This unprecedented crime moved not only Russians, but, also, caused heartfelt and sincere words of sympathy on the part of foreign politicians, including the leaders of many countries. In an interview with the Voice of Russia World Service, Vasili Likhachov, the Chairman of the Committee on Foreign Affairs of the Federation Council, pointed this up to us. In his view, this kind of tragedy forces us to reflect upon the possible solutions to many different problems. He said, “Above all, it focuses us on the problems related to the maintenance of an effective security system. Over the past few years, Russian legislators enacted a very thorough and tough anti-terrorism legislative agenda. The RF is one of the most active partners joined in the international cooperation against terrorism. The RF enforces almost all of the 13 international conventions against terrorism adopted by the UN. However, the action that we have witnessed opens our eyes to the fact that there are forces interested in destabilising both the society and government of our country. They aim at undermining the credibility of the government, even at the expense of human lives. I am convinced that all that we did after this tragic incident were moves in the right direction. However, we now need to think about the fact that we need security that is completely effective, security that would protect every Russian and every Russian family. We should also apply this principle to the safety of public institutions. From that point of view, no doubt, we face a very serious conversation. Today, it’s very important that in expressing our condolences to the bereaved families and providing moral and material assistance to those who suffered because of this terrorist act, we feel responsibility for the fate of their relatives and, indeed, all of Russian society. We do not need to dwell on the whole problem, for there are specialised structures to solve the security problems. It is important that society in general and ordinary people condemn such actions and develop a kind of antidote. When we create such a social alliance, we shall not only solve the current problems of national and international security, but, also, be able to provide a framework for the authoritative and civilised development of the Russian state and its rightful place in the world community”.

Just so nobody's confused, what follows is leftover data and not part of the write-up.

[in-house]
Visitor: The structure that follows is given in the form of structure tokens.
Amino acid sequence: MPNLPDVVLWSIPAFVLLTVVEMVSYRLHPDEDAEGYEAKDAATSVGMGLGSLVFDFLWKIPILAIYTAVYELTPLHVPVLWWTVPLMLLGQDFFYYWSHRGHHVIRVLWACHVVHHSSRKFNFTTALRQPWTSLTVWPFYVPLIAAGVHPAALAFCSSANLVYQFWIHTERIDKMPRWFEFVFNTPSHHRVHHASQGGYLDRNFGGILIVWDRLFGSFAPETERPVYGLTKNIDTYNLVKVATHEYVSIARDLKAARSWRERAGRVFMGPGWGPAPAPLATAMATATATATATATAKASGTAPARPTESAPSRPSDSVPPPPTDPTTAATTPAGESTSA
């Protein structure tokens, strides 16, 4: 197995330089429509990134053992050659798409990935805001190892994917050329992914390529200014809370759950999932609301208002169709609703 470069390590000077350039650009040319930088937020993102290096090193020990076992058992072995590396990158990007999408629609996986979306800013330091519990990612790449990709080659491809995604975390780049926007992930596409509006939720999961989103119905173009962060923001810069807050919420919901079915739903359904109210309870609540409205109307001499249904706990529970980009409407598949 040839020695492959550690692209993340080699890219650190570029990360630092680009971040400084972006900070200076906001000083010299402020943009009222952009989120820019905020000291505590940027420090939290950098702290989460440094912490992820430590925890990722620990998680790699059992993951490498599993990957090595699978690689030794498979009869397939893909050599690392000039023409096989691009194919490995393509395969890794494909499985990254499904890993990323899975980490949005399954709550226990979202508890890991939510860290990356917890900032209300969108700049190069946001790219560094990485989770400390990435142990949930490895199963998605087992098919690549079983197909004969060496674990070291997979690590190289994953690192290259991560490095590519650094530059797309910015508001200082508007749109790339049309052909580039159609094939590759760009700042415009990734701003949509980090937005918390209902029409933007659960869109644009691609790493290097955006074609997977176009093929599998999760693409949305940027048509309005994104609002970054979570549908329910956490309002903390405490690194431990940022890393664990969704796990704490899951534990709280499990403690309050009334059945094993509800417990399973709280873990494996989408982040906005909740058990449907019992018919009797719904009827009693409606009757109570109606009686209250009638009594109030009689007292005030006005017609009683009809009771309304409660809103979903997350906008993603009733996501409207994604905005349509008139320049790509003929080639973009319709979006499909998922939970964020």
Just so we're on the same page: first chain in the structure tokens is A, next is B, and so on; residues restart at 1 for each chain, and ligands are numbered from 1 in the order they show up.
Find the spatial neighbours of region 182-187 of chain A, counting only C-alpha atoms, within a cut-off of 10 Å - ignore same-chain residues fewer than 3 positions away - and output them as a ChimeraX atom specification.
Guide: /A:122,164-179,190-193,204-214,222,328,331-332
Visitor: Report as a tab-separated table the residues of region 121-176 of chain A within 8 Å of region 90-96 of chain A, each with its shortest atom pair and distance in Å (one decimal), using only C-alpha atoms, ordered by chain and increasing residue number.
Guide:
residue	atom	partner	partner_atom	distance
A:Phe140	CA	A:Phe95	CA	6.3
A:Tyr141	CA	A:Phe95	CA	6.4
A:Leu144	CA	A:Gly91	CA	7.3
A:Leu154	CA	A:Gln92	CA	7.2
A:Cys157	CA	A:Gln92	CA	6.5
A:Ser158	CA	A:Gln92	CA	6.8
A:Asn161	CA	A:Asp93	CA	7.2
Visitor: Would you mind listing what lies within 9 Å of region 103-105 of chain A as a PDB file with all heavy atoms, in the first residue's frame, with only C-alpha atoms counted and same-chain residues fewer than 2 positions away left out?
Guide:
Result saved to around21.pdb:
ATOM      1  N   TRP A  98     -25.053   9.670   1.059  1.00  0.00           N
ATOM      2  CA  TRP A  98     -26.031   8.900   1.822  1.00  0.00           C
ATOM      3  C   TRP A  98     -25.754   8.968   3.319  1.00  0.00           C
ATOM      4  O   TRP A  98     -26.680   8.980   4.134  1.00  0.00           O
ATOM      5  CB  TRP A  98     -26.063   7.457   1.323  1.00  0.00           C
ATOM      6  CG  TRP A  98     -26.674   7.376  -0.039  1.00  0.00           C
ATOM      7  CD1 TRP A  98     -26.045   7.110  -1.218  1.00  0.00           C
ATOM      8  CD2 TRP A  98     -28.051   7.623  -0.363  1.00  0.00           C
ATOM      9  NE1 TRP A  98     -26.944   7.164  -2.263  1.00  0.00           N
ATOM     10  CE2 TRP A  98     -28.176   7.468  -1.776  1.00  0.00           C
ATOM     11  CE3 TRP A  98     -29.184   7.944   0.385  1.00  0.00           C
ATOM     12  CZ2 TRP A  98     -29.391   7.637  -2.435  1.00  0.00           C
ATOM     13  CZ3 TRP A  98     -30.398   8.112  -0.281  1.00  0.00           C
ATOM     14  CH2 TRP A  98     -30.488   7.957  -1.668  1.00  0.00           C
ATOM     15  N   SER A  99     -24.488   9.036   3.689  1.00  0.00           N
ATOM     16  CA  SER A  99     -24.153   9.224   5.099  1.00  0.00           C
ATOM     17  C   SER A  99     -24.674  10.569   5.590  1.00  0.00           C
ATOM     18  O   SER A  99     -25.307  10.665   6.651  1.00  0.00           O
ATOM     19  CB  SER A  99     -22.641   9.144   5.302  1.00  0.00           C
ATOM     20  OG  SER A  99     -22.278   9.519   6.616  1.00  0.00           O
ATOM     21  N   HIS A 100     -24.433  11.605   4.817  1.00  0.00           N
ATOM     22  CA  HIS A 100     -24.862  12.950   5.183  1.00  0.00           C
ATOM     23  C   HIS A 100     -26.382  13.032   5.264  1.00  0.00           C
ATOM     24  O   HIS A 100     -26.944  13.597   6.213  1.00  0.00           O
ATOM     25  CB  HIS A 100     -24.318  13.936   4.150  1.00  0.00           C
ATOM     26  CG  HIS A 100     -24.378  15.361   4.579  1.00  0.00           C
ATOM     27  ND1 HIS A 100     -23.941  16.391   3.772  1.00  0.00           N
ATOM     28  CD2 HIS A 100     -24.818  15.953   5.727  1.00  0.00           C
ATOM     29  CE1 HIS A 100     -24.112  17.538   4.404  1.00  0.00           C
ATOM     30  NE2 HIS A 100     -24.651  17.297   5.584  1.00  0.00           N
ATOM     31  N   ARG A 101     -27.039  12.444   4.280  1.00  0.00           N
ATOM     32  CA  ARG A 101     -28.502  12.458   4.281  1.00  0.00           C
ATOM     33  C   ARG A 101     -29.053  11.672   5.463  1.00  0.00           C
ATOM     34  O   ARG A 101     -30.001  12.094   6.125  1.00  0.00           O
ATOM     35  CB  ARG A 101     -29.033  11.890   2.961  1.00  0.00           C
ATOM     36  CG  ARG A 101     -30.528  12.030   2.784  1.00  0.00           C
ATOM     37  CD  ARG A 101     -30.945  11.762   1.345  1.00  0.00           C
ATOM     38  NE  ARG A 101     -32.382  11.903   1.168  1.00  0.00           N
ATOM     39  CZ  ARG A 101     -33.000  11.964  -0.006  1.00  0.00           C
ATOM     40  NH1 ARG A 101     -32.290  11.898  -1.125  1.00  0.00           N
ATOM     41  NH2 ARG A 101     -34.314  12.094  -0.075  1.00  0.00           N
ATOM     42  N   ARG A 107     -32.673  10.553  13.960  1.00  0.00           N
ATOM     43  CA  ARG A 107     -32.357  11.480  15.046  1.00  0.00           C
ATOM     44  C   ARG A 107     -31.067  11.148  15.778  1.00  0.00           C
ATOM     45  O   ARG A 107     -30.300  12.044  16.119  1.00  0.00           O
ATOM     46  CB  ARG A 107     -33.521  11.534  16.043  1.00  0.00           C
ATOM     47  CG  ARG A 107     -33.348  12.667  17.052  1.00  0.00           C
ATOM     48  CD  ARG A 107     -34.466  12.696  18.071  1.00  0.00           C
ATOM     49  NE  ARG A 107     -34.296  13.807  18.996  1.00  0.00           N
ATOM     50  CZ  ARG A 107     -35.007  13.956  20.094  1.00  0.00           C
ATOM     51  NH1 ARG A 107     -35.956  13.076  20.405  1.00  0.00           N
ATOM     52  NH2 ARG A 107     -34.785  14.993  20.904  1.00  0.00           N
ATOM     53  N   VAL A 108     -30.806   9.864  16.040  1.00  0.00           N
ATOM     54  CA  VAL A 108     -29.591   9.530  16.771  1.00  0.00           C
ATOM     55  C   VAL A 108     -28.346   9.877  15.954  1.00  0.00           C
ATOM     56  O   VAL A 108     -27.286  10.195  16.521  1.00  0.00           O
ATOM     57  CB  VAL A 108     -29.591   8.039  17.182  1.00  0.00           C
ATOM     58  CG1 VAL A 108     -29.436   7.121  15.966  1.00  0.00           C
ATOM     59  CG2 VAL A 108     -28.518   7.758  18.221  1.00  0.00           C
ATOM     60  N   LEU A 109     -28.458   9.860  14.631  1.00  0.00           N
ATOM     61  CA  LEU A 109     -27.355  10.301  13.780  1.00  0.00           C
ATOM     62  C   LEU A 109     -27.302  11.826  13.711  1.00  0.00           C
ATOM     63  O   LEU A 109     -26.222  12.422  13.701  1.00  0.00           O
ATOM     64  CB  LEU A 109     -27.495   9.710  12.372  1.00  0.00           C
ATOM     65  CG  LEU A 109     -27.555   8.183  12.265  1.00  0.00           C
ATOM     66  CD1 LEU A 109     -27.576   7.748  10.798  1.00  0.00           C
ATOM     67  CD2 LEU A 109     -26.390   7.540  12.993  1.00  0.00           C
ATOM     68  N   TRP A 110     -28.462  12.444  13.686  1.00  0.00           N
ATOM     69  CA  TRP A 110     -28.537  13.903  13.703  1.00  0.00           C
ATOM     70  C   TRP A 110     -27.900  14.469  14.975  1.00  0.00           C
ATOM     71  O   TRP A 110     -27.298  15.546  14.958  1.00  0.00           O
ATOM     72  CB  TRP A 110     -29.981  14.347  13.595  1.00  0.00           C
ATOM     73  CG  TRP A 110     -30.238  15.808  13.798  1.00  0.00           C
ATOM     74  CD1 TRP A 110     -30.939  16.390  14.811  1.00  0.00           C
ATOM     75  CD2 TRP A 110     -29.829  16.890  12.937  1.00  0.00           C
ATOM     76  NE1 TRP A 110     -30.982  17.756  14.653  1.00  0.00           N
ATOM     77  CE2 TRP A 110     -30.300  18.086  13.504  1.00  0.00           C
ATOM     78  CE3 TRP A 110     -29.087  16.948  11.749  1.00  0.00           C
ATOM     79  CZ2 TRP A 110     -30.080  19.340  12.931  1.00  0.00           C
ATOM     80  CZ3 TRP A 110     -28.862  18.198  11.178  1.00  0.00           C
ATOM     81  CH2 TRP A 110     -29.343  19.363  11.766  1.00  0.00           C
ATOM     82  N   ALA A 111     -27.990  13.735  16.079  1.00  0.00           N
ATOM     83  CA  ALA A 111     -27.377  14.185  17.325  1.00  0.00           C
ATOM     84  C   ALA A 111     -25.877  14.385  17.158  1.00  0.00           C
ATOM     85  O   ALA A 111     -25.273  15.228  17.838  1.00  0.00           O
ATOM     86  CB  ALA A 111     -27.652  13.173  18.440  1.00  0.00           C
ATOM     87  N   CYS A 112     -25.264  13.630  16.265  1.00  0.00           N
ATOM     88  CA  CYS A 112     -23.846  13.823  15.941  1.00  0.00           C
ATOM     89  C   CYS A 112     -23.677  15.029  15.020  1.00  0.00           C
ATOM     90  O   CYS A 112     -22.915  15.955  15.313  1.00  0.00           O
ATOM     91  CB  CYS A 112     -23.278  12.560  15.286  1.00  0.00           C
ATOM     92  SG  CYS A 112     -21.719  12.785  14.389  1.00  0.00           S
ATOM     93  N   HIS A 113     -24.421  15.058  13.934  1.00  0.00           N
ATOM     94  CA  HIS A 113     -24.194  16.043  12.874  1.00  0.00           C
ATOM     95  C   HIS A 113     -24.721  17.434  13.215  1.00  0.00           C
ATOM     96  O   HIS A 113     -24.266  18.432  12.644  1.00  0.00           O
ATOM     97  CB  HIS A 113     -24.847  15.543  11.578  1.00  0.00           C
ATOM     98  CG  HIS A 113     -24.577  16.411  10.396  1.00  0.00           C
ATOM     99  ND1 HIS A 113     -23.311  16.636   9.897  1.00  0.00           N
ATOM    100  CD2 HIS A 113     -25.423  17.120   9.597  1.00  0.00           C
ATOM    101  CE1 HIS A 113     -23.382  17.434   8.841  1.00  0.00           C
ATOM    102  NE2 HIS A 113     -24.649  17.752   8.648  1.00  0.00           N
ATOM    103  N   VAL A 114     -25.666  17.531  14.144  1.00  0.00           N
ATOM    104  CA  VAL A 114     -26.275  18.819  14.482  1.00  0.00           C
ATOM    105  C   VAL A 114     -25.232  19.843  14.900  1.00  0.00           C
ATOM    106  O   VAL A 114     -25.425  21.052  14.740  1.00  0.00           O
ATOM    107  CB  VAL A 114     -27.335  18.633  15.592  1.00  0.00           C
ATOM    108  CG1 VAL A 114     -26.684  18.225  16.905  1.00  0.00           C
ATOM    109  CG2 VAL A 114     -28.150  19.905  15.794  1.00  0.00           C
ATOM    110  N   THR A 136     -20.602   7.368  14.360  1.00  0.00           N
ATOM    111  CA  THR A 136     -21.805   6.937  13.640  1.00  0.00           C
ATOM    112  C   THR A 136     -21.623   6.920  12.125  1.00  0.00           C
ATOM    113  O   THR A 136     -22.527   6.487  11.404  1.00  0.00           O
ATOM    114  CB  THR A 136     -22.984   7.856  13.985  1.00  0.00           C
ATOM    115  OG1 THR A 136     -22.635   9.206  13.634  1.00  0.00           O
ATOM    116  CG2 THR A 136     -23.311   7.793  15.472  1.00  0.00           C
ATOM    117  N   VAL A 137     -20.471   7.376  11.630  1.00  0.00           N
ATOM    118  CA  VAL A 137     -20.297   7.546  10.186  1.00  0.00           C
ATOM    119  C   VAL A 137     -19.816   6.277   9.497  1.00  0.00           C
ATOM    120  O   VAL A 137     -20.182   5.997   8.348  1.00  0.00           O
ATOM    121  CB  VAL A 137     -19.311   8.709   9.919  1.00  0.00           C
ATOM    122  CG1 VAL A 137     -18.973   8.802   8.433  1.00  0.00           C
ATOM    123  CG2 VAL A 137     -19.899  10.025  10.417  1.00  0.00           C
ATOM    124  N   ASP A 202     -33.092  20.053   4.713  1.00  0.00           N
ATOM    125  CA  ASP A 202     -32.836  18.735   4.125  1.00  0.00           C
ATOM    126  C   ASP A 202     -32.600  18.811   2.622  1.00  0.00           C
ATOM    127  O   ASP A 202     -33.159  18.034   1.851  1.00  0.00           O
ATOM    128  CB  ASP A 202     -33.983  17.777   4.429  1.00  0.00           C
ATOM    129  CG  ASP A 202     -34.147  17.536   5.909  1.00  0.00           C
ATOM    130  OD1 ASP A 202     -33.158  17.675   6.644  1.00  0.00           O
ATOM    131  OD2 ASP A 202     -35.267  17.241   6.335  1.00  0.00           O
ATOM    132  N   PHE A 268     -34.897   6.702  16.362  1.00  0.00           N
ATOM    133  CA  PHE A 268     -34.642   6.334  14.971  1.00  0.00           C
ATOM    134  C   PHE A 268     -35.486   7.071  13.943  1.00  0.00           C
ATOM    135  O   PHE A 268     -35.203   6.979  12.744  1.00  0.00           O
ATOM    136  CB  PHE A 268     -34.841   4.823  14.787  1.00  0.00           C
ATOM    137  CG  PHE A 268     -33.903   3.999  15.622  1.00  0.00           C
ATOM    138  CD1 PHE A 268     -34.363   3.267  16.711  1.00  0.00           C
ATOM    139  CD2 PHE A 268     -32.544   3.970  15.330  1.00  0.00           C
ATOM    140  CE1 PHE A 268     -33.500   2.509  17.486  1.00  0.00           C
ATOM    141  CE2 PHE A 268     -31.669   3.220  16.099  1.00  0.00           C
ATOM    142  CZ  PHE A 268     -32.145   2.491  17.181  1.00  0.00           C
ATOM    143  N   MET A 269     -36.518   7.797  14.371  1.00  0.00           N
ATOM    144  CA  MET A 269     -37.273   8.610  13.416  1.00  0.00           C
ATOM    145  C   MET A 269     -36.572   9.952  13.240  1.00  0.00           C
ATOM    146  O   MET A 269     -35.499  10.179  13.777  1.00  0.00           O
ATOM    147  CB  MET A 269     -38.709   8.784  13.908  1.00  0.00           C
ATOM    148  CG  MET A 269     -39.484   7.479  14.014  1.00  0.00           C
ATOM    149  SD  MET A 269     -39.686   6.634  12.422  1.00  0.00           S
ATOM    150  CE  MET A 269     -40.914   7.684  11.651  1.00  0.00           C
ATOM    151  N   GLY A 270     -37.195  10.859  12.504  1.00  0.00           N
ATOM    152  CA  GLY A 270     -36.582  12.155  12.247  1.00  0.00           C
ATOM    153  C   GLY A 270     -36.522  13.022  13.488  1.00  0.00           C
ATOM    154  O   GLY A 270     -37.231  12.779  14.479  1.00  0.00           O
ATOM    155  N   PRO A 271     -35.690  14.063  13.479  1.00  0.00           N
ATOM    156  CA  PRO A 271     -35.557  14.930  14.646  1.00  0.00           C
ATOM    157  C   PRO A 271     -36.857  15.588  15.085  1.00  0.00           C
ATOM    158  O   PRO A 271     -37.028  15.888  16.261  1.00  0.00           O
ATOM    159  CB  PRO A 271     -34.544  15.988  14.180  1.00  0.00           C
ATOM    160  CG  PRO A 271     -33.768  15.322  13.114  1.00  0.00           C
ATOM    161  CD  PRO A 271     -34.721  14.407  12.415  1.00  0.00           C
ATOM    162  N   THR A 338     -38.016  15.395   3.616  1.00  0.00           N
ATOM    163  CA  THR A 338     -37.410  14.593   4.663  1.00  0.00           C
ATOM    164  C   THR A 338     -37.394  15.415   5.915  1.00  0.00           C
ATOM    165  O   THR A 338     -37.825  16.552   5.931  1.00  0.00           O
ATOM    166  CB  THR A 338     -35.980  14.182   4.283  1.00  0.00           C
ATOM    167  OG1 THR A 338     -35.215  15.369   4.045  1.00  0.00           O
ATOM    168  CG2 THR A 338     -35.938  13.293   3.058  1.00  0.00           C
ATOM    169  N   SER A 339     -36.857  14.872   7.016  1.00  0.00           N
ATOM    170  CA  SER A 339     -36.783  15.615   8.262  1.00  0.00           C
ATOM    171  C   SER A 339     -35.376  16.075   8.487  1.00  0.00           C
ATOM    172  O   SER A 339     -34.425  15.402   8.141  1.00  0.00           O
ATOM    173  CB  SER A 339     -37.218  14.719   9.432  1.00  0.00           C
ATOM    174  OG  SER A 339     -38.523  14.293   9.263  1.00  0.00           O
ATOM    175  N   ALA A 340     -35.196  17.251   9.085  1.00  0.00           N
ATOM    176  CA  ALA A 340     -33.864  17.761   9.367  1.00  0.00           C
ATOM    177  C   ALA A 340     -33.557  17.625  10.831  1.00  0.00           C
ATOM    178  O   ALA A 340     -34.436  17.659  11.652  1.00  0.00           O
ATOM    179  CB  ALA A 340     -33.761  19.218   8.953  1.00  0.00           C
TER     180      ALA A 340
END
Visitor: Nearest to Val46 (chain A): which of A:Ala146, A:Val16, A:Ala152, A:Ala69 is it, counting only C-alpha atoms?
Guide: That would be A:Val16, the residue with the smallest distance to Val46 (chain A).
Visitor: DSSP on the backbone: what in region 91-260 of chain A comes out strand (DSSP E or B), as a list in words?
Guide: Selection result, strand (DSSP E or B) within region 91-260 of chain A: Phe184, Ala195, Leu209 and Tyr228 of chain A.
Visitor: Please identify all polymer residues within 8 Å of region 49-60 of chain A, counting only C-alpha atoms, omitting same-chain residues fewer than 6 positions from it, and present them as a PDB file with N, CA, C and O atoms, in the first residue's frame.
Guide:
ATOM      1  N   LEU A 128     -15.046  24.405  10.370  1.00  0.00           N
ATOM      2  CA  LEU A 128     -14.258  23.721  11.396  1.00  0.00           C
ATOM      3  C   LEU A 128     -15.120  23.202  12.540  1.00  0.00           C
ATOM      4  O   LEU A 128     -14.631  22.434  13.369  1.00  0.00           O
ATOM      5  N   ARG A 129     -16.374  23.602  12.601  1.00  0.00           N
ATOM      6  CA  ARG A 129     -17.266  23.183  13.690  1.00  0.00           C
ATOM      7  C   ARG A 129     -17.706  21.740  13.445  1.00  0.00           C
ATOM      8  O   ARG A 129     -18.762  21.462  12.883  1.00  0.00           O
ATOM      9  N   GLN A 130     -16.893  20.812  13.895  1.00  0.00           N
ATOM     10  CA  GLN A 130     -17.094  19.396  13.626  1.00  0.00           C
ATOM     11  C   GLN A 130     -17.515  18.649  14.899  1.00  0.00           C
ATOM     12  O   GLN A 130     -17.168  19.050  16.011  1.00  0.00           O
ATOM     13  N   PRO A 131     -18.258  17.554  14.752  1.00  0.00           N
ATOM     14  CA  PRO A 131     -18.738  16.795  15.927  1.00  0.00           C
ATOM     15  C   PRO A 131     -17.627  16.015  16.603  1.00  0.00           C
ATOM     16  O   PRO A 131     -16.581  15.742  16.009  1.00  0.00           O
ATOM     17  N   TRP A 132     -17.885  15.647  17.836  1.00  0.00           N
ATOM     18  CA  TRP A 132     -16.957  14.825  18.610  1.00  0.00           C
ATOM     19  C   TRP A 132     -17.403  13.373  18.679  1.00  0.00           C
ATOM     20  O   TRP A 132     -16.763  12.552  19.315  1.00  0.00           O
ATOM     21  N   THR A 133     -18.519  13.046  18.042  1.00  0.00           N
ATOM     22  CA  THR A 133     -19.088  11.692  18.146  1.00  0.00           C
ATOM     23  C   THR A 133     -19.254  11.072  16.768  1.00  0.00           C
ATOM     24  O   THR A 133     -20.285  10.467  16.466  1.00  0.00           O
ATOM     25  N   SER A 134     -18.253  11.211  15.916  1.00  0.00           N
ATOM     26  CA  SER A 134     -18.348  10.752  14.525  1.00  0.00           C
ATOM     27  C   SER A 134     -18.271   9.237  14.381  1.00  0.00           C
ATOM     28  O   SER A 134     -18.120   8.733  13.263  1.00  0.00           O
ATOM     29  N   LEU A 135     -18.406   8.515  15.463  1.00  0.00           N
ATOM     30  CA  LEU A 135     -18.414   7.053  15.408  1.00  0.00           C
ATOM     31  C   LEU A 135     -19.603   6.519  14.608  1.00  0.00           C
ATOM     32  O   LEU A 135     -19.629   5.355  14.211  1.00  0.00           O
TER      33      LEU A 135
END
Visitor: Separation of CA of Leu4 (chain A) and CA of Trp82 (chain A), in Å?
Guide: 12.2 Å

“This is not only a crisis for Russia, but, it is a problem all over the world, which sympathises with us now”, said Olga Kryshtanovskaya, the director of the Institute of Applied Politics, on-air at Voice of Russia. “This is something that unites us with all the countries that suffer from terrorism, who know what it is, who mourn their own dead. Only by working together, only joint efforts can solve this problem. It is necessary, perhaps, to think of new security measures, discuss them, and work hard to carry them through. Terrorism can exist only as long as there are people who think they can kill innocent people with impunity. Therefore, the state should throw all its energies and resources into the effort to find those responsible and punish them. We have no other choice. We must find these criminals. Moreover, the police said they have evidence. That is, there is hope that, after all, we will find the terrorists, and, God willing, we shall punish them”.